When in I was in school I didn’t really have a definite career plan. However I did prefer the Science subjects in general over languages or Business type subjects. Along with the obligatory subjects, I continued with Physics, Chemistry and Honours Maths for my leaving certificate, not so much as a conscious career choice but because I liked them. However as it turned out these all helped me during my course, and they tied in with my career choice.
In school I took English, Irish, Maths, French, Biology, Economics and Business. The fact that I enjoyed economics in school led me to the choice of my degree.
Luckily by taking what started out as a general degree I was able to figure out that what I liked about economics was being able to pose questions and look for solutions; the critical thinking component, rather than the content was actually the part that appealed most to me.
Through exposure to a variety of subjects in my first year in college I was in a much better position to chose the subjects that I wanted to specialise in.
Choosing to specialise in business and sociology worked well for me; the business component gave me a marketable knowledge base and skill set, while the sociology component encouraged me to think critically and introduced me to research skills.
I wouldn't do anything differently. It was great to be in a course where the classes got smaller as I progressed through, so I got a lot of guidance as I stumbled forward!
Choosing a specialised degree wouldn't have been a good choice for me at the time - I'm still amazed when I think of my friends who knew exactly what they wanted to do as they left school.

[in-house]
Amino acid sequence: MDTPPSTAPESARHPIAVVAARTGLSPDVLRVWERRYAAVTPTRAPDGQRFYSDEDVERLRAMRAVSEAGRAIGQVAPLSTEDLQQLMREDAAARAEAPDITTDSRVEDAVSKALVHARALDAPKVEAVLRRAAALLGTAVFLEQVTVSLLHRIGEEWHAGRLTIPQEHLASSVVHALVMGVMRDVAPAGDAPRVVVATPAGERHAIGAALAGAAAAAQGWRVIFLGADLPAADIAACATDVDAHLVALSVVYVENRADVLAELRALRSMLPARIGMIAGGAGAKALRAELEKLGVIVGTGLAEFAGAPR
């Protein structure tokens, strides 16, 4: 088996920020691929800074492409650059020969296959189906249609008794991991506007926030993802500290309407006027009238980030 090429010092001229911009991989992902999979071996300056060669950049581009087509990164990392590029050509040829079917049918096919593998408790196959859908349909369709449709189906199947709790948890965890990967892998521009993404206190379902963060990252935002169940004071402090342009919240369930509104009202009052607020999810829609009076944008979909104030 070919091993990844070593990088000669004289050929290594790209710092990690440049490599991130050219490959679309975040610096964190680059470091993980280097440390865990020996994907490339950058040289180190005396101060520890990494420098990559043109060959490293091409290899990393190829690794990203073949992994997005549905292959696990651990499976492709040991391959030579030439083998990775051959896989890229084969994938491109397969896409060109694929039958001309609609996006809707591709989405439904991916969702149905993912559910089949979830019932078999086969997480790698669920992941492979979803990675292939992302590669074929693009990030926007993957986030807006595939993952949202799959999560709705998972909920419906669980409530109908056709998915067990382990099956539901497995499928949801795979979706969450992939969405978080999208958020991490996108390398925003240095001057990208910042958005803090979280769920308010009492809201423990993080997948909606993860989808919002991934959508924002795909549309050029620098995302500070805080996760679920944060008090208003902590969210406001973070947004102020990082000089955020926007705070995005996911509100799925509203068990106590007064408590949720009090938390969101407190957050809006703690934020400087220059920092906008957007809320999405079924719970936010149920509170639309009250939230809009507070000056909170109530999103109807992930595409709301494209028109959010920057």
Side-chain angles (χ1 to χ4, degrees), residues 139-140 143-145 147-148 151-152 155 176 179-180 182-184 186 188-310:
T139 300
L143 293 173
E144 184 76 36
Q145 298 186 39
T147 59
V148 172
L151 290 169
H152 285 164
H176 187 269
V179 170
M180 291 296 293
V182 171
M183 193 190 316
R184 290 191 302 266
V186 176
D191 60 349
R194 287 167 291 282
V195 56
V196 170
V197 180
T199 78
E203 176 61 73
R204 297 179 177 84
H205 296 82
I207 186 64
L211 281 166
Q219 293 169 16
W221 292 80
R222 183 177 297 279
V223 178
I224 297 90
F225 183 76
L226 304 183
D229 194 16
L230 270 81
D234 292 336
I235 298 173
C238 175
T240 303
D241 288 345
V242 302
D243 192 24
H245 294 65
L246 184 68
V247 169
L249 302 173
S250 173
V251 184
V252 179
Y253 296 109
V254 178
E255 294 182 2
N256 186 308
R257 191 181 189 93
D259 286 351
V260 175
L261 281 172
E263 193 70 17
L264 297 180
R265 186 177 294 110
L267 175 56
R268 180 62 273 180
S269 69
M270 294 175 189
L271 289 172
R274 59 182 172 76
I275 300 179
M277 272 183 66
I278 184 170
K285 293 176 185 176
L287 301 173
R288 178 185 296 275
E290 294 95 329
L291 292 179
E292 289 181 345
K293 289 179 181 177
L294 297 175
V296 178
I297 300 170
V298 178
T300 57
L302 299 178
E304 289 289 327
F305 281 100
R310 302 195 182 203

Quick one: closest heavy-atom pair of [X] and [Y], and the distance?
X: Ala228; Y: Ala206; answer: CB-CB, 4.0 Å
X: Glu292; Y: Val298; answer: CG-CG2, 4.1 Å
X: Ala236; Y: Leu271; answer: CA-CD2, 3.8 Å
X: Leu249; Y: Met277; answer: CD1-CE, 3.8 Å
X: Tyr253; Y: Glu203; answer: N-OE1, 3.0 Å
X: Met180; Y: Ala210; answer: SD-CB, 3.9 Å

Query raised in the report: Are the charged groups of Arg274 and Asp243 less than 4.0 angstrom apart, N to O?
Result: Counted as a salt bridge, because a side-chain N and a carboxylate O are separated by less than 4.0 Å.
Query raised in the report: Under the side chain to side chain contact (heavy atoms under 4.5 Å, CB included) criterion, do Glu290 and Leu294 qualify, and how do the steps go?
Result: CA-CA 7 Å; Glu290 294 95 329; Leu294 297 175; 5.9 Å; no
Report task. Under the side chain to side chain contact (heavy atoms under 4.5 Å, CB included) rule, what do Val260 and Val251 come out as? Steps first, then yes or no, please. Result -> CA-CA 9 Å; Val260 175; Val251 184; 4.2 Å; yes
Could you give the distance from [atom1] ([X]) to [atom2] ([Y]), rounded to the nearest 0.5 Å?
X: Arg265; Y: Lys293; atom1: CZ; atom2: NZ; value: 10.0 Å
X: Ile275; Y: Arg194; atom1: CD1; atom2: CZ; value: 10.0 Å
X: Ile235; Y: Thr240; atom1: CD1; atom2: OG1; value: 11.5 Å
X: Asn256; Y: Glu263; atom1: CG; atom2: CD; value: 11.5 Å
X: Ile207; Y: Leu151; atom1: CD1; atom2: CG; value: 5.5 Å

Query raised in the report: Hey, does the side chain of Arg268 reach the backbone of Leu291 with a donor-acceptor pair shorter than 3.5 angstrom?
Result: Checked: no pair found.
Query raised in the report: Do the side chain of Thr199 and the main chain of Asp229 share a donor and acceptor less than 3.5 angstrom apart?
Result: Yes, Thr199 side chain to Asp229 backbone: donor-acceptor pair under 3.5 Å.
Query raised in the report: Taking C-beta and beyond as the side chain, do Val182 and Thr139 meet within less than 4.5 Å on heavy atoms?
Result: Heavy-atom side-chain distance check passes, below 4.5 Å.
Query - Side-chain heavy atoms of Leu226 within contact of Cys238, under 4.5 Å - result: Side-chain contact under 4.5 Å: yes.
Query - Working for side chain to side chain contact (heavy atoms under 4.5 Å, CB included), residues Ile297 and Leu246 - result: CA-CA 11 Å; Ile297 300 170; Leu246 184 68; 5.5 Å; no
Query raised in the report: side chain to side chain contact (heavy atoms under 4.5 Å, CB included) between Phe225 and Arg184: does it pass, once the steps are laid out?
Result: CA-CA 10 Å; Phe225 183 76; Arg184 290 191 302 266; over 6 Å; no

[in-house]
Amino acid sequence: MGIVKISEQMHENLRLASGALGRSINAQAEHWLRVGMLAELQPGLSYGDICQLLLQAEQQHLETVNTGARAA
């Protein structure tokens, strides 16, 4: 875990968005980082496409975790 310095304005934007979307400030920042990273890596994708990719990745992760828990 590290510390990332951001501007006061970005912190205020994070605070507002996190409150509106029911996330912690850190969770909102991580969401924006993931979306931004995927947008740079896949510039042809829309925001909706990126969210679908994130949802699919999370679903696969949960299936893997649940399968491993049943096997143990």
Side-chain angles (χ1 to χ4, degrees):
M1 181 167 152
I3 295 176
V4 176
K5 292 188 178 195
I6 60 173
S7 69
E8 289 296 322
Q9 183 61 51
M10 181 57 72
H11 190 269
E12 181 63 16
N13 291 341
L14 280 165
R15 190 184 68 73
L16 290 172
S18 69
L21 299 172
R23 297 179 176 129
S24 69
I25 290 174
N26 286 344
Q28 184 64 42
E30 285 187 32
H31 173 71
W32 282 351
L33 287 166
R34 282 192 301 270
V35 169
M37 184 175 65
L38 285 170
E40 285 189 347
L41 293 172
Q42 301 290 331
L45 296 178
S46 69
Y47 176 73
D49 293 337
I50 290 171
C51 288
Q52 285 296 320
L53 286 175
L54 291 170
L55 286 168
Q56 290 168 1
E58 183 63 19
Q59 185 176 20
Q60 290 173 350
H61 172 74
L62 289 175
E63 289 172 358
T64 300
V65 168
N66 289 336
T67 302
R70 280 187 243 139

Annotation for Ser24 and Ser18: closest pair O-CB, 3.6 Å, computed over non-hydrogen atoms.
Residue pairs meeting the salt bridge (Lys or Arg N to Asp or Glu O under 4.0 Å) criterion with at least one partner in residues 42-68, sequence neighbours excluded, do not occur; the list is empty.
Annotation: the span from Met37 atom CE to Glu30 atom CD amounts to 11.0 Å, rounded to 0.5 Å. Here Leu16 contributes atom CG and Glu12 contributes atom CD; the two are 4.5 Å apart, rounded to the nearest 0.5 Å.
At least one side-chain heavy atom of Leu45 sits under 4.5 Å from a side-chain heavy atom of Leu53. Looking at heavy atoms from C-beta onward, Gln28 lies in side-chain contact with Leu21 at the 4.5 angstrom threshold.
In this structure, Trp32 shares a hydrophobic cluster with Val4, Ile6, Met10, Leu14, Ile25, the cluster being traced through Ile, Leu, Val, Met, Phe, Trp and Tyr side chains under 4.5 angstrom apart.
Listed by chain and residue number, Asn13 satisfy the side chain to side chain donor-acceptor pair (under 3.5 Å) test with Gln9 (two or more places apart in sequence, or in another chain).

The biggest thing I learnt through my degree was that I had developed a skill set that I could use in a variety of ways. Having a degree in a specific area doesn't limit you to that for life!
In school we had to choose our Leaving Cert subjects just before the Junior Cert. At this stage I had no idea what I wanted to do as a profession but I knew I wanted to go to College.
In order to keep my options open I chose a mix of subjects to include one language, one science subject and one business subject. In addition to the obligatory English, Irish & Maths I therefore studied French, Biology, Geography & Accounting. I chose these particular subjects as I had an interest in them at Junior Cert level.
I suppose Biology was the most relevant of my subjects when I started college as there was some overlap with Anatomy and Physiology. We also studied research and statistics in college which were Maths related.
I did the following subjects for my Leaving Cert: Irish, English, Maths, French, Physics, Chemistry, Accounting and Applied Maths.
When choosing my subjects in 5th year in School I deliberately ensured that I did at least one business and one science subject because this gave me more flexibility in my choice of courses. I would recommend this strategy - particularly for those who aren't sure what they wish to study in college.
Although school subjects don't have a huge relevance in my career I think some of the business oriented subjects (accounts etc...) can be very useful for book keeping and the business management side of things. Fitness is also very important so sports and physical ED would also be useful.
In addition to the three core subjects, I studied French, Business Studies, Home Economics and Accounting for my Leaving Cert. In fourth year in school we completed semesters on a variety of Leaving Cert. subjects. I chose to study business and accounting as I found these subjects interesting and had an aptitude for them.
Agricultural Science - I really enjoyed it and it gave me a good understanding of the basics in agriculture. Technical Drawing and Construction Studies - I enjoyed the hands on building as well as the planning and design aspect which has assisted me in planning and building my farm yard from the parlour, sheds, workshops and even my new house.